This is an archival story that predates current editorial management.
This archival content was written, edited, and published prior to LAist's acquisition by its current owner, Southern California Public Radio ("SCPR"). Content, such as language choice and subject matter, in archival articles therefore may not align with SCPR's current editorial standards. To learn more about those standards and why we make this distinction, please click here.
Video: Take A 3D Look At The Upcoming Star Wars Attraction At Disneyland
The handlers at Disney know how to build up suspense. As such, they've been releasing info on the upcoming Star Wars Land (to be built in both Disneyland and Walt Disney World) in piecemeal fashion, doling out morsels to keep us attentive.
On Thursday, they did it again by releasing a video of a 50-foot wide, model-scale Star Wars Land that will serve as the blueprint for both the Anaheim and Orlando attractions. The camera swoops into this pint-sized world to give us a 3D look at what it might be (of course, John Williams' score is used for dramatic effect).
Here are more shots of the model, which is being presented at the D23 expo in Anaheim this weekend:
Oh, it's... beautiful. The @DisneyParks #StarWars-themed land model has been revealed at @DisneyD23. #D23Expo pic.twitter.com/e94FcR0HSW— Star Wars (@starwars) July 14, 2017
What do we learn? Not much that's new. As noted at the Disney Parks Blog, there'll be two signature attractions: one that lets guests pilot the Millennium Falcon (you'll find it about 15 seconds into the video), and one that tosses you into a climactic battle between the First Order and the Resistance.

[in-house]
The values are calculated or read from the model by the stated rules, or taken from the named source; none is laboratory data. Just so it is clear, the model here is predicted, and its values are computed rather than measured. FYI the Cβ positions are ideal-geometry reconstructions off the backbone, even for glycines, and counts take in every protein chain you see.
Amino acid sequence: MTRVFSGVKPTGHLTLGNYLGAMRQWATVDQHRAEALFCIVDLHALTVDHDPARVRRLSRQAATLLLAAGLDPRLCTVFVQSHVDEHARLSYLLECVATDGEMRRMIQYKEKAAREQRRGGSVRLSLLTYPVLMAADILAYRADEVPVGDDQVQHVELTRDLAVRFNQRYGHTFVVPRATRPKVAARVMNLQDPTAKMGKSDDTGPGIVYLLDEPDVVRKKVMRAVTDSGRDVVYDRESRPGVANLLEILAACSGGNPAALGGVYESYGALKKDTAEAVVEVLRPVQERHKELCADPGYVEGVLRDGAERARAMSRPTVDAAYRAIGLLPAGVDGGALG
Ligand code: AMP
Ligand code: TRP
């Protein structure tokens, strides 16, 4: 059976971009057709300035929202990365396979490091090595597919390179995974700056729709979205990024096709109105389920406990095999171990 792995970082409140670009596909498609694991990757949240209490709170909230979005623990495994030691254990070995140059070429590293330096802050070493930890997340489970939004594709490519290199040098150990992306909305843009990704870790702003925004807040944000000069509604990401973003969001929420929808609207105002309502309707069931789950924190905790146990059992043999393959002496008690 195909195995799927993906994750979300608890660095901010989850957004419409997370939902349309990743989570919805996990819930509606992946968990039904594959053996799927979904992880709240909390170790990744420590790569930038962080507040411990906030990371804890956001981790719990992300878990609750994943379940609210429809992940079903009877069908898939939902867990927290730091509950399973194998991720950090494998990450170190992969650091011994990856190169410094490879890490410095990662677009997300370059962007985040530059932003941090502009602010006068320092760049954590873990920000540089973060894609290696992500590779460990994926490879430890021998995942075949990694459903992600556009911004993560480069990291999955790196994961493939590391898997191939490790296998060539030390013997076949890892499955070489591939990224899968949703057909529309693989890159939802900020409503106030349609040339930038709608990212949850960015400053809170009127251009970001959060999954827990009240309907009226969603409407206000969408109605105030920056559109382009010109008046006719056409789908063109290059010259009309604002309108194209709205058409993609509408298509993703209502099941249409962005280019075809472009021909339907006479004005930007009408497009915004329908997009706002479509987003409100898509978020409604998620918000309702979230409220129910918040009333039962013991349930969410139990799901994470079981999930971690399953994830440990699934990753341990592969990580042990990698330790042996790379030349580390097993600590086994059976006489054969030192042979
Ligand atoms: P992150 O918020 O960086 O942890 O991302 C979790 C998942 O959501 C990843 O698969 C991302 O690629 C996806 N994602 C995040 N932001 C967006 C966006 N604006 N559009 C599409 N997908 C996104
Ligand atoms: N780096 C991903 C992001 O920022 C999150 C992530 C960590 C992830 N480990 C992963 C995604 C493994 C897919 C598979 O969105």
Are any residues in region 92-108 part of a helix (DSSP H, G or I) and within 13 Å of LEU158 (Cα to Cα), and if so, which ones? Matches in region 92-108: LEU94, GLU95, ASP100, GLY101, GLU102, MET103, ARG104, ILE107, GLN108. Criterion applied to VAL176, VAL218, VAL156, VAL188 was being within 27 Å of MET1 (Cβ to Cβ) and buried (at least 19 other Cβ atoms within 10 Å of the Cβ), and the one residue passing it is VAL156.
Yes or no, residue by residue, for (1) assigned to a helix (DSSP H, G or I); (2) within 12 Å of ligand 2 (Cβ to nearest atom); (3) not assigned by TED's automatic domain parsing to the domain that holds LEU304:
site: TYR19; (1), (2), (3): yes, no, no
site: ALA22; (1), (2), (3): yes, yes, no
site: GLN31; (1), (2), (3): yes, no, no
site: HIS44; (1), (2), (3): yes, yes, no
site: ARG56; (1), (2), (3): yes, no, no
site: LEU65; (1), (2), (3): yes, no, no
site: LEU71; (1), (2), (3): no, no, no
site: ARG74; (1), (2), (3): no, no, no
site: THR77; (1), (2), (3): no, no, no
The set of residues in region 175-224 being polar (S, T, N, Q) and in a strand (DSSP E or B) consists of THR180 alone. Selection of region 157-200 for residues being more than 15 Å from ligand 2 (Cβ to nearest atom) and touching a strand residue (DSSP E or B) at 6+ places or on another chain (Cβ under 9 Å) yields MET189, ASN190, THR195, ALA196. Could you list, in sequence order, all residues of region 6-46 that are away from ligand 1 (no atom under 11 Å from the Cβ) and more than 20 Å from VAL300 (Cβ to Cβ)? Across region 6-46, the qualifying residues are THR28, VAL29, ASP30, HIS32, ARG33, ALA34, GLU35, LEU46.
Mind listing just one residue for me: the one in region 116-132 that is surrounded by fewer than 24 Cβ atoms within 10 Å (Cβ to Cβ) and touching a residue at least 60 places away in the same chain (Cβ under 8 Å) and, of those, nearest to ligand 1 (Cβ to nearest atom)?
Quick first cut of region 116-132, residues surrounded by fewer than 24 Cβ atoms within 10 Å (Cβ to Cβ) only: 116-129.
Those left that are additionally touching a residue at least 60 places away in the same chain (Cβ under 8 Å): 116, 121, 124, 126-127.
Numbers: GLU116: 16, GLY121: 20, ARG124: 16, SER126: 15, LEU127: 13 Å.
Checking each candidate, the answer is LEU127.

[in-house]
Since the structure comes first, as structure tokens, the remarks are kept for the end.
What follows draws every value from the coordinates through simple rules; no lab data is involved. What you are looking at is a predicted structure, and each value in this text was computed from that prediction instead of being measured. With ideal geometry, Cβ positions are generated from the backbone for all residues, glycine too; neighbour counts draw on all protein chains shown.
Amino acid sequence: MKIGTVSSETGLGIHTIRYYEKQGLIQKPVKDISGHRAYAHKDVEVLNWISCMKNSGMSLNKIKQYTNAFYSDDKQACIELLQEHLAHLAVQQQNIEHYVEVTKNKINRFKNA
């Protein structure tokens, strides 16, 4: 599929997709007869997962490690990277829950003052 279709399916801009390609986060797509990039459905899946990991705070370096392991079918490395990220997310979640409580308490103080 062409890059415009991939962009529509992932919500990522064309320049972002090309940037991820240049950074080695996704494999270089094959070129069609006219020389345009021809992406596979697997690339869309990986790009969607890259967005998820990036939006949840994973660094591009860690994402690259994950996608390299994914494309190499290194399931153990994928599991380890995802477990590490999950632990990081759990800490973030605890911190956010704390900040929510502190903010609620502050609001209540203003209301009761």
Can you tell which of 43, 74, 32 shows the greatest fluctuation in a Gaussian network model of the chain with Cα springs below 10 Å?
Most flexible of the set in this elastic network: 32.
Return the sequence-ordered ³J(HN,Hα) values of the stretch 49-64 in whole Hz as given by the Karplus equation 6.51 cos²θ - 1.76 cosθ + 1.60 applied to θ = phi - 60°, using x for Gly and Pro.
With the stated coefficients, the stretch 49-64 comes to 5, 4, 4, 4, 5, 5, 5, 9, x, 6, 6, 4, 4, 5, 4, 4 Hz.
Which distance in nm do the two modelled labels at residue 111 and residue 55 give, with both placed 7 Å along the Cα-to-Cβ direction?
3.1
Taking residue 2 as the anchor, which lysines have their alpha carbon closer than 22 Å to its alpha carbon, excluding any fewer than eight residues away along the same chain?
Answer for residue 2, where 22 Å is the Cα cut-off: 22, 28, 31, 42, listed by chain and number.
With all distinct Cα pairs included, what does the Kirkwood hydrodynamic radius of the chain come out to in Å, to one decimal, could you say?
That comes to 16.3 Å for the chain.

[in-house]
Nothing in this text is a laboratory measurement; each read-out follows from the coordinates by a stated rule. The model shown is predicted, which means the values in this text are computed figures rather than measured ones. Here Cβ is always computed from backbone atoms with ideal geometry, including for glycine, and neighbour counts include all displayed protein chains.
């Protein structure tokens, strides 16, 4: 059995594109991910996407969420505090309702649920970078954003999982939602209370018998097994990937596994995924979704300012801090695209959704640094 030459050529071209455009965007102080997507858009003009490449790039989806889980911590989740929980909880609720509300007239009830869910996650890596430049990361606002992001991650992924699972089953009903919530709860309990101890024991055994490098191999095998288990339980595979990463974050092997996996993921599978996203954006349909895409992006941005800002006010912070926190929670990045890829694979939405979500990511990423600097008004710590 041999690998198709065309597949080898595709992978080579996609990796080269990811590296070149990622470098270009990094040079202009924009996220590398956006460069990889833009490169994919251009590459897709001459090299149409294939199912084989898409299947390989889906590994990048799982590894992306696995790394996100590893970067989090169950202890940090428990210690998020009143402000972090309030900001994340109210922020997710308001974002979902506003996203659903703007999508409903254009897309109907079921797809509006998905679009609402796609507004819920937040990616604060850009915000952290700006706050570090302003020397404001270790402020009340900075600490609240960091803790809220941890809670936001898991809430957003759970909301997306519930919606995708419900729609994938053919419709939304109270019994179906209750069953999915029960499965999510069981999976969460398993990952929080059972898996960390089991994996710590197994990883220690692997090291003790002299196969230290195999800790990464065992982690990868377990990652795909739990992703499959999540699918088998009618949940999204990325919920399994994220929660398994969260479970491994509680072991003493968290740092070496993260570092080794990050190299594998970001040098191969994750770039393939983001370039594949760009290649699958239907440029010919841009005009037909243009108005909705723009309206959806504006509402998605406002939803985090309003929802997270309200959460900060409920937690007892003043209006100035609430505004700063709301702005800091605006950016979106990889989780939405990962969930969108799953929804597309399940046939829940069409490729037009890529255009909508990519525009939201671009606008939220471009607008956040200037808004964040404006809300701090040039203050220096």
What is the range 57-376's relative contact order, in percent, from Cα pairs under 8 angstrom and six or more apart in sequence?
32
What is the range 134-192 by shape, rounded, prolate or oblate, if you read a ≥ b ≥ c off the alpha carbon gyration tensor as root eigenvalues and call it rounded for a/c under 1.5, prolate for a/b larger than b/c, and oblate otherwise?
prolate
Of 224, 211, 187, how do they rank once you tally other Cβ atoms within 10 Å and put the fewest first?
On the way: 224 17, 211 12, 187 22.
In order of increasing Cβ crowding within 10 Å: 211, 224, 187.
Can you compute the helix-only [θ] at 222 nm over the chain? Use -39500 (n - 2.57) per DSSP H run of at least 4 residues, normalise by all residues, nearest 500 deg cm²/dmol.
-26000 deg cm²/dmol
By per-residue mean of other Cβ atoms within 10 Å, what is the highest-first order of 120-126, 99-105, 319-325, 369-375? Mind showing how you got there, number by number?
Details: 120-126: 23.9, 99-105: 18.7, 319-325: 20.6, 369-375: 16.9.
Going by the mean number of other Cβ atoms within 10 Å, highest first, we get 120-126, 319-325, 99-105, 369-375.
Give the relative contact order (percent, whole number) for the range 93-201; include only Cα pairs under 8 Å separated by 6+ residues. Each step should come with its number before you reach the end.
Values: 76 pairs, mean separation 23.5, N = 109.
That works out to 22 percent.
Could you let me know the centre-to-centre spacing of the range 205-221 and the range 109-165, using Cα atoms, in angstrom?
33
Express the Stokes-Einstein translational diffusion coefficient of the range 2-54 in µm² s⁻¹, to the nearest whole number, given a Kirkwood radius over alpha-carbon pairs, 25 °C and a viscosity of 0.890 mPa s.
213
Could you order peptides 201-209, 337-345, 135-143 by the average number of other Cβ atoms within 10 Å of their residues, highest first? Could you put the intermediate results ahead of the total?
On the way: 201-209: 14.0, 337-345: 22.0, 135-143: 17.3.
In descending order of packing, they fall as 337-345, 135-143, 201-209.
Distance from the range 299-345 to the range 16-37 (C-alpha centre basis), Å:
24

The model (in accordance with past images we've received of the land) shows a rugged landscape that is replete with craggy rock formations and looming metal structures (there's a cantina in there somewhere, we're sure). The land is supposed to be modeled after a kind of trade port where intergalactic travelers of all stripes converge. “This is the most ambitious land we’ve built to date,” Bob Chapek, chairman of Disney’s parks division, said Thursday at the D23 Expo, according to Bloomberg.
The lands in Anaheim and Orlando, which are expected to cost $1 billion each, are slated to open in 2019.
Donald Trump was a fading TV presence when the WGA strike put a dent in network schedules.
Pickets are being held outside at movie and TV studios across the city
For some critics, this feels less like a momentous departure and more like a footnote.
Disneyland's famous "Fantasmic!" show came to a sudden end when its 45-foot animatronic dragon — Maleficent — burst into flames.
Leads Ali Wong and Steven Yeun issue a joint statement along with show creator Lee Sung Jin.
Every two years, Desert X presents site-specific outdoor installations throughout the Coachella Valley. Two Los Angeles artists have new work on display.